The current decade will probably be known as the dawn of pervasive computing, when PCs were dethroned by technology to embed computers in almost everything. The hardware already exists to add features such as artificial intelligence and wireless connectivity to clothing or cars. Thanks to researchers, software is catching up fast.
“Hardware development has reached a stage where it is possible to have a fully-fledged computer with processor, memory and operating system on a board the size of a sliver of chewing gum,” explains Germán Puebla, a researcher at Madrid Technical University. “But until now software that can be programmed easily, and uses the limited hardware and power resources of pervasive computing devices as efficiently as possible has been lacking.”
Puebla coordinated the ASAP project, which set out to solve the problem of creating and adapting software to run efficiently on pervasive computing systems, where computers are integrated in everyday objects and environments.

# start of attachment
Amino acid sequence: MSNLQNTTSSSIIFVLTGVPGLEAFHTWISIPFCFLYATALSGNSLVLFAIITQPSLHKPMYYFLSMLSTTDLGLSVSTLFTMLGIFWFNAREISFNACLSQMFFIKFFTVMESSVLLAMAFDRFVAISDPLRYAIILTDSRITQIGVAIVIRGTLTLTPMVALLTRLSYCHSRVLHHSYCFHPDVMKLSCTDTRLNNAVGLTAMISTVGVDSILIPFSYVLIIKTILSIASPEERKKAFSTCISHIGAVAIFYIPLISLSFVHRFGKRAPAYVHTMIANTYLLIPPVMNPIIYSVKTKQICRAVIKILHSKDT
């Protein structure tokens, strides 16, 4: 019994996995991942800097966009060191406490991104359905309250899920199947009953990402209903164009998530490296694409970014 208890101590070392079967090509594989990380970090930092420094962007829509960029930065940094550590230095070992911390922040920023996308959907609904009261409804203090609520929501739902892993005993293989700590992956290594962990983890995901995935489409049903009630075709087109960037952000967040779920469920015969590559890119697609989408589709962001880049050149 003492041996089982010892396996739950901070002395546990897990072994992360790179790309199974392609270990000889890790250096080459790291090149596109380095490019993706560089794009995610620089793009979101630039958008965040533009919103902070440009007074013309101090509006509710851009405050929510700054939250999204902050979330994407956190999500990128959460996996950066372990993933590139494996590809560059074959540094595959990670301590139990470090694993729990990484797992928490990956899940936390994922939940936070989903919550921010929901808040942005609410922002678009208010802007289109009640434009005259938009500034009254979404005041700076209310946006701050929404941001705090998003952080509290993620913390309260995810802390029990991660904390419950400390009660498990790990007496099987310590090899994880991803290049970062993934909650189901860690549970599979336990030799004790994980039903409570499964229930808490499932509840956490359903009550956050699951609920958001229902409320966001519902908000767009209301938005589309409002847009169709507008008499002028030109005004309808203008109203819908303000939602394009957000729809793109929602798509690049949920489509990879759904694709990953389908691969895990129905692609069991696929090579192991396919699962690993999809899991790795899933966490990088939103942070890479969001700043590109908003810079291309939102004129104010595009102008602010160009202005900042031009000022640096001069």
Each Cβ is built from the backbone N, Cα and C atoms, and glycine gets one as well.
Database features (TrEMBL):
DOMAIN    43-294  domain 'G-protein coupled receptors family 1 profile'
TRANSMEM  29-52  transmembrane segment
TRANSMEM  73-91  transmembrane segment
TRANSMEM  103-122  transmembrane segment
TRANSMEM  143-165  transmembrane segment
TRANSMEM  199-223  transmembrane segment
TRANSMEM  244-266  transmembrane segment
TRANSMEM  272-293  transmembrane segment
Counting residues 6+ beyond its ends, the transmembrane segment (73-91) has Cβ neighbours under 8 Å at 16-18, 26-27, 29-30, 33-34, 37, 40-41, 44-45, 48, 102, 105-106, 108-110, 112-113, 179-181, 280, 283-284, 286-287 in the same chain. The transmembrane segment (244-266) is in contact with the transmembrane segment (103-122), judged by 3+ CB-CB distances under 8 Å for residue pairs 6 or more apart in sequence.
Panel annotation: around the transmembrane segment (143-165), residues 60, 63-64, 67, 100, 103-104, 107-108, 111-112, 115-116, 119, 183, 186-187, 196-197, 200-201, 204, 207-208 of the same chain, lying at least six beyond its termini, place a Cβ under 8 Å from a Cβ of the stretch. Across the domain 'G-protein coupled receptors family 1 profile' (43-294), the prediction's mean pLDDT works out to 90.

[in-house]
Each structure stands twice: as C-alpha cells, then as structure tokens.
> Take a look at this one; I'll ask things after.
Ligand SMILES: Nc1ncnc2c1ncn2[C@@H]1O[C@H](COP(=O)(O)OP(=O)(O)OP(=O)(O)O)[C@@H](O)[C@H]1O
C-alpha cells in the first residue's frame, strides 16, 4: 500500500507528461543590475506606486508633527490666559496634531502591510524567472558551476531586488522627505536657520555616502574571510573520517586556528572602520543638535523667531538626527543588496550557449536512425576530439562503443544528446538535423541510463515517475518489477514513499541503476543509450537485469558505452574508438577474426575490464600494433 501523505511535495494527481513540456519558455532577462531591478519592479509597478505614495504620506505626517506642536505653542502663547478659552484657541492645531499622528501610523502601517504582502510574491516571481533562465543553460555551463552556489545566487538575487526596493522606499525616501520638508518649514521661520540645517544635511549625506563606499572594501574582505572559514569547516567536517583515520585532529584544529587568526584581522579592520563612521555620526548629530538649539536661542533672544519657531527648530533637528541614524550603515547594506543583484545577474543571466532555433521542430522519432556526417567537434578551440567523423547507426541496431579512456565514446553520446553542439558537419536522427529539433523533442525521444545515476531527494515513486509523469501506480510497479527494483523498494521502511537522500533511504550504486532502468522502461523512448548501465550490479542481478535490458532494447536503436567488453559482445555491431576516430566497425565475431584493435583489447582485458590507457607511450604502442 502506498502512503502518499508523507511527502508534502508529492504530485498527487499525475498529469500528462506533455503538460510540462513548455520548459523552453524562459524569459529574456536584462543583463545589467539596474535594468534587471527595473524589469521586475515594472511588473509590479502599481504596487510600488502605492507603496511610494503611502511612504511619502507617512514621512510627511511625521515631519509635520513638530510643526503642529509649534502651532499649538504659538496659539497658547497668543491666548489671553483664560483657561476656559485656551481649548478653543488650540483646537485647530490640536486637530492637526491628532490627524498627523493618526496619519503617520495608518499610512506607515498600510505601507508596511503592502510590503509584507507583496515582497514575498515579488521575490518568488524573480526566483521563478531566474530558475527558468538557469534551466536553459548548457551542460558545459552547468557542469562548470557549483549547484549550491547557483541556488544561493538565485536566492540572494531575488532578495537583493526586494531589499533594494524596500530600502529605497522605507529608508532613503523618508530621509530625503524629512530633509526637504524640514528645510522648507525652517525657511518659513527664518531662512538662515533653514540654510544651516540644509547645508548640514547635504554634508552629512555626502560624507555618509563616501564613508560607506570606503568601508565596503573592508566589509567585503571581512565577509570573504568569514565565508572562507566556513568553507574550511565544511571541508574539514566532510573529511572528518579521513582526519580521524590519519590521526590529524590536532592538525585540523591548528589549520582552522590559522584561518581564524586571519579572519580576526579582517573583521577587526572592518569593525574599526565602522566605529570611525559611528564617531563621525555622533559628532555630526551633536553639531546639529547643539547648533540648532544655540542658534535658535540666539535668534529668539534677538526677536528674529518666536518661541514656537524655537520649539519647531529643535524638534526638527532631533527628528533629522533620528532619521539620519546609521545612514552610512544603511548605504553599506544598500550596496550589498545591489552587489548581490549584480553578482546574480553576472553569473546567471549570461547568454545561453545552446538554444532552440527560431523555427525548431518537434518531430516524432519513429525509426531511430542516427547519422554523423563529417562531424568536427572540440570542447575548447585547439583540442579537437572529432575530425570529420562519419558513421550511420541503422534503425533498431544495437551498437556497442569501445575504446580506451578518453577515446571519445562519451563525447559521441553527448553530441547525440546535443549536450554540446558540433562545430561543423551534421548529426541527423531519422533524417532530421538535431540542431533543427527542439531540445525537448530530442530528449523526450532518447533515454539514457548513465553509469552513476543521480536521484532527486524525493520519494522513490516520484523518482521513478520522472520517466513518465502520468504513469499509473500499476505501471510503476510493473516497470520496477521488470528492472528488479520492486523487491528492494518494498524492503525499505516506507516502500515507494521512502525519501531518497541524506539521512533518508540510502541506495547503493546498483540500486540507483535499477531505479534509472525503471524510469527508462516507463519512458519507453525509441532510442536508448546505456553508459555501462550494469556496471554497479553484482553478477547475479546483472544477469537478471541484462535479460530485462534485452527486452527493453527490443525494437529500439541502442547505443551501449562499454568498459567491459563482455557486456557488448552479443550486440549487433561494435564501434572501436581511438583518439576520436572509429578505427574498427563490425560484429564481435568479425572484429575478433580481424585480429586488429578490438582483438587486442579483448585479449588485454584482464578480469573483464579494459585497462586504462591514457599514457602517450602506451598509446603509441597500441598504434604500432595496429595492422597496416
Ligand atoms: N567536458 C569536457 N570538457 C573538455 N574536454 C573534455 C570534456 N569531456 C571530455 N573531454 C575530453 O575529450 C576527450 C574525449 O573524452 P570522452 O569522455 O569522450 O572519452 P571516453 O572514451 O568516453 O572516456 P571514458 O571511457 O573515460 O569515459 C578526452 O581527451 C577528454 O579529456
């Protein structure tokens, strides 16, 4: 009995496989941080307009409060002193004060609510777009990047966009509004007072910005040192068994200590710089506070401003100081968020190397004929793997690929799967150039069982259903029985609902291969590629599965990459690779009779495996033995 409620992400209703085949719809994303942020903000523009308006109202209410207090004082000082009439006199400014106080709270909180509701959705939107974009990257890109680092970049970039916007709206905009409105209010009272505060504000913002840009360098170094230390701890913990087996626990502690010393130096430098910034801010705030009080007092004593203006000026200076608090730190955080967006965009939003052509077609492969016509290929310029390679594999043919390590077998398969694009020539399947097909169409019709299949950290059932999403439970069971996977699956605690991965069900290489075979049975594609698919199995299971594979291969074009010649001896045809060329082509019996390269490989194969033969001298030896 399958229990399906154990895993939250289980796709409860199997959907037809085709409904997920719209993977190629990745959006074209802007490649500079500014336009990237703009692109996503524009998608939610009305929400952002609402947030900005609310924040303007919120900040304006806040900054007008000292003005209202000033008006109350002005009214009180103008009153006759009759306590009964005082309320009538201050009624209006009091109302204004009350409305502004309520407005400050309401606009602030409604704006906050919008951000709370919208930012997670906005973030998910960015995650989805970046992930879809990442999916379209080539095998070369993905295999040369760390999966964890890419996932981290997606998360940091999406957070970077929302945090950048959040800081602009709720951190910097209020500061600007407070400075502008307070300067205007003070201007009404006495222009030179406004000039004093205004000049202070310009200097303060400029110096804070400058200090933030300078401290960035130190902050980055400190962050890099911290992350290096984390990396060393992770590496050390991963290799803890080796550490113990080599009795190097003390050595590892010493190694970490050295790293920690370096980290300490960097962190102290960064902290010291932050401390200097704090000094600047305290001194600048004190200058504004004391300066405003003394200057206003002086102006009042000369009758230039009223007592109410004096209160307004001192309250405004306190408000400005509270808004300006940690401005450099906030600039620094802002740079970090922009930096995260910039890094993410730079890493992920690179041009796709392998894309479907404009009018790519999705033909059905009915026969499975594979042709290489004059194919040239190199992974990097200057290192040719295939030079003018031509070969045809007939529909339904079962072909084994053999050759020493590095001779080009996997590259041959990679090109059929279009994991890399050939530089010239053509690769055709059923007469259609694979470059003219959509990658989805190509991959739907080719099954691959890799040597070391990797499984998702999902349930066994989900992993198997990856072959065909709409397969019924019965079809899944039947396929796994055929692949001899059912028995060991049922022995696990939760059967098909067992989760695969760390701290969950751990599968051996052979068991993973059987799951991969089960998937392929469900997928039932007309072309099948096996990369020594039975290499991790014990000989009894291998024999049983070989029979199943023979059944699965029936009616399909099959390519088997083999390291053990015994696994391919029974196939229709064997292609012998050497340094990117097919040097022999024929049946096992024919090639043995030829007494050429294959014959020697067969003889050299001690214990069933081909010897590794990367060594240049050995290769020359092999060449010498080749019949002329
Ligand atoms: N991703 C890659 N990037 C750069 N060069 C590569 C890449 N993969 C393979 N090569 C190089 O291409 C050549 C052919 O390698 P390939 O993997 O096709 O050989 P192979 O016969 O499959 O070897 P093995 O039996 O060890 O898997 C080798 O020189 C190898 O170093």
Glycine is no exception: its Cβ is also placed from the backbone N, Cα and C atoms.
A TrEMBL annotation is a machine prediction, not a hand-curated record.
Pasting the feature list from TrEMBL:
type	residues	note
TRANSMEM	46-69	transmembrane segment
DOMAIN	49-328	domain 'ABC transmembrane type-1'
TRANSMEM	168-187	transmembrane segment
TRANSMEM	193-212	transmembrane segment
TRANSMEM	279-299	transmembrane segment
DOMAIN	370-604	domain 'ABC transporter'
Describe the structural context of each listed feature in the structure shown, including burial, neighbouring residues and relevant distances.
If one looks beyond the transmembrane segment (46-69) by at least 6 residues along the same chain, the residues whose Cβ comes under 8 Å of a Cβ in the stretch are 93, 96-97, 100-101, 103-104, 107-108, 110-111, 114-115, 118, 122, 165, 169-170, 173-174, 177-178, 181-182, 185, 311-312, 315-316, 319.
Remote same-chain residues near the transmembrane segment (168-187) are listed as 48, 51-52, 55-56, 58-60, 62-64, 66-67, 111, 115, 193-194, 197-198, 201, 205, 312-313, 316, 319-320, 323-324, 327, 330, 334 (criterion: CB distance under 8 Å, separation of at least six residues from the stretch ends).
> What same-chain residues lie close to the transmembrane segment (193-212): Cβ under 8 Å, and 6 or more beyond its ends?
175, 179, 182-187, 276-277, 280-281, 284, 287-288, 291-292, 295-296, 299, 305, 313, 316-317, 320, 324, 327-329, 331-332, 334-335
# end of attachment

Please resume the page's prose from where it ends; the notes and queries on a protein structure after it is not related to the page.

Tara Morris | alfa
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Material defects in end products can quickly result in failures in many areas of industry, and have a massive impact on the safe use of their products. This is why, in the field of quality assurance, intelligent, nondestructive sensor systems play a key role. They allow testing components and parts in a rapid and cost-efficient manner without destroying the actual product or changing its surface. Experts from the Fraunhofer IZFP in Saarbrücken will be presenting two exhibits at the Blechexpo in Stuttgart from 7–10 November 2017 that allow fast, reliable, and automated characterization of materials and detection of defects (Hall 5, Booth 5306).
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Scientists from the Max Planck Institute of Quantum Optics, using high precision laser spectroscopy of atomic hydrogen, confirm the surprisingly small value of the proton radius determined from muonic hydrogen.
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17.10.2017 | Event News
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